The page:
Welcome to the oldest version of Oracle RDBMS (v2.3.2) on the Internet running on a PDP-11/70 with RSX-11M+.
A brief history.
Wondering why this old piece of software has become available on-line?
My first job was with Oracle Europe which I joined in December 1983,
which was, at that time, based in Aalborg, Denmark.
In one of the rooms of the 5 room office, a PDP-11/24 was tucked away in a corner.
It's sole purpose was to support the customers of that time who did use
that version, but I personally did not see it being powered up for any
support related issue, most likely because of nearly every customer
had moved to version 3.1.
At the end of 1984 / early 1985, the office did move to Naarden, the Netherlands,
where the new office (a sort of stately house) was to be put in use.
The PDP did also move and ended up in the basement, to becomming more or less forgotten.
A year or so later, more and more space was needed for various kinds of
materials and as the machine was still there (covered with a thin layer of
dust), a decision was made to get rid of it.
As I did express interest in the machine, it was given to me, with the
stipulation that it could not be sold to a commercial buyer.
With the machine a few RL02 disk packs came alongside, and one of the disks was the distribution kit of V2.3.
Now, over the years, my collection of PDP-11's had grown and shrunk, but that's for another time to write a story of.
The PDP-11/24 (sans the system & distribution disks) ended up in the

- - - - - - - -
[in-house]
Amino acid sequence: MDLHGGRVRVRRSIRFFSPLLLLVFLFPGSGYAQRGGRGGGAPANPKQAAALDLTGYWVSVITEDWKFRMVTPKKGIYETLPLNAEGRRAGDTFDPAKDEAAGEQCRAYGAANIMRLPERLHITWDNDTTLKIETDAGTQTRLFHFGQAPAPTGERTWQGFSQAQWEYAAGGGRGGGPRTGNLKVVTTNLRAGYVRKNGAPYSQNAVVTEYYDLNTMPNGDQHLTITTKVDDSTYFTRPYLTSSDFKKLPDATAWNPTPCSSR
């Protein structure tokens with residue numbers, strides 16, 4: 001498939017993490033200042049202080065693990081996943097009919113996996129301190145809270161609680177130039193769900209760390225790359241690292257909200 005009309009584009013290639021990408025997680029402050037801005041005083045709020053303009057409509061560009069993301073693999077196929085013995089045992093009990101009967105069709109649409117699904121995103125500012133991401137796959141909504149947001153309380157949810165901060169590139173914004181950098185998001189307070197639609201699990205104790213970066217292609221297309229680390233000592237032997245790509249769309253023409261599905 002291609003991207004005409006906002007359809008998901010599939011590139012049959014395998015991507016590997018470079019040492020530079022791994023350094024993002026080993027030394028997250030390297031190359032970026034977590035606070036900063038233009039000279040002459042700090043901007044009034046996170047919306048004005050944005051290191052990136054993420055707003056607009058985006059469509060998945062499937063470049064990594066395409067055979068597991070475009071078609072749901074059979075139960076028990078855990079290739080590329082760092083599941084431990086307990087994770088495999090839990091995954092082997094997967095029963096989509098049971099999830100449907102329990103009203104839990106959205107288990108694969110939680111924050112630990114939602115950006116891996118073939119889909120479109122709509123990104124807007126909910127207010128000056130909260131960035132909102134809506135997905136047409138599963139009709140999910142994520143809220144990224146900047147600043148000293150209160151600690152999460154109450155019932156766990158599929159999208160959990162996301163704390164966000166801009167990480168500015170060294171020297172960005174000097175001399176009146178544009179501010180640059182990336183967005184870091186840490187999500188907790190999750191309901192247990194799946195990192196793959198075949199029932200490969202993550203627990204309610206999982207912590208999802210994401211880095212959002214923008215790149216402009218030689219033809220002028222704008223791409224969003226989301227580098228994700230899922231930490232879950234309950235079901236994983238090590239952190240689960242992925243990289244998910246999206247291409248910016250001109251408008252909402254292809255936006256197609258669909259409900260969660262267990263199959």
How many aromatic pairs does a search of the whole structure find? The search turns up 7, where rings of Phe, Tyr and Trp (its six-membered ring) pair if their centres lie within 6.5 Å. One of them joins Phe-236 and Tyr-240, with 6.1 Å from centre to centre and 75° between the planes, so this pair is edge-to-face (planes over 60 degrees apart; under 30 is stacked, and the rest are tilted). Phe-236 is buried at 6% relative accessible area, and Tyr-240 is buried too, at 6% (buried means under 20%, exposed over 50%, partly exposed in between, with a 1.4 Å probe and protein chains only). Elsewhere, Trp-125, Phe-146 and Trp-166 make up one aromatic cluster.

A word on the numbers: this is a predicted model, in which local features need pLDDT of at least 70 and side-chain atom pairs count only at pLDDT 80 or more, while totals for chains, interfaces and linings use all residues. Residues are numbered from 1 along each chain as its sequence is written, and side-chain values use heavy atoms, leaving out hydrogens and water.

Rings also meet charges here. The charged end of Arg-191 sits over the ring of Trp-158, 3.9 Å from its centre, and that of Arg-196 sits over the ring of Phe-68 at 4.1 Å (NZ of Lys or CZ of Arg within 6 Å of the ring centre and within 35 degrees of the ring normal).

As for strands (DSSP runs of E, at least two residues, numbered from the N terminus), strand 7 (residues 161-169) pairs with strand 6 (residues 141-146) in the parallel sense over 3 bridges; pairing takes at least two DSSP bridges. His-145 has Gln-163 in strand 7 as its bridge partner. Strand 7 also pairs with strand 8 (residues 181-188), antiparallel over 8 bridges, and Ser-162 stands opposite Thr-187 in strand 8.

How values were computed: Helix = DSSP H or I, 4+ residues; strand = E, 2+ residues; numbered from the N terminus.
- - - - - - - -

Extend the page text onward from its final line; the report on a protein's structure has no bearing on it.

collection of of a good friend of mine, his collection can be seen
For the next story, click on the [PDP-11/70] button.
Early 2001, I got a message from a contact in Italy who informed me that their
'PDP setup' was going to be decommisioned and scrapped if no one wanted it.
As the initial message was not very descriptive in terms of what their
'PDP setup' was and where it was located, I asked him if he could give me
some additional details as well as some pictures if that was possible.
A few days later, a few pictures came in, showing a 10 rack failover system,
with each machine being placed in 5 racks, and the location of all this was in Turin.
Needless to say I was very interested, as the 11/70 model was the king of the
AND it had a blinkinglight console.
Arrangements were made, a box van was hired and off we went on route to Turin
in order to collect the equipment.
Each system was configured as follows :
Rack 1 - TU16 9-track tapedrive
Rack 2 - 11/70 processor
Rack 3 - 11/70 memory box
Rack 4 - comms interface
Rack 5 - comms equipment
3x RM03 as storage sub-system
A DecWriter III (LA-120) as the console
6 racks were taken back, (2x cpu, 2x mem & 2x TU16), as well as 4 RM03 drives
and several boxes of miscellaneous bits'n pieces like packs, panels, etc.
As I still had the v2.3 distribution disk, and I also had a copy of Y2K
compliant distribution of RSX-11MPlus (v4.6), I made a runtime disk which
also contained the V2.3 software.
Now, having a PDP-11/70 being powered up 24/7/365 is quite costly, the
electricity bill would be rather staggering!
Enter 'SIMH', a freeware, well maintained piece of software able to simulate
several old types of machines.
for the latest release and related documentation.
The emulated PDP-11/70 can be reached via telnet, for more information, see the
'[How to connect]' button.
The original machine can be seen if you are in the neighbourhood, drop me an
email in that case, see also the 'Contact' button.
To access RSX-11MPlus, you only need the 'telnet' tool,
which is usually available on a Linux ('telnet') or windows ('telnet', or 'putty').
for example : telnet www.oracle-v2.nl 6060
where '6060' is the portnumber where SIMH serves telnet based connections.
At the '>' prompt, type 'HELLO ORAUSR<x>/ORAUSR<x>', where <x> is '1', '2', or '3'
Send me an email at email@example.com
This is a private, non commercial initiative and intended for entertainment only.
Oracle Corporation is not involved in any way whatsoever. Logo and grid image (c)1983 Oracle Corp.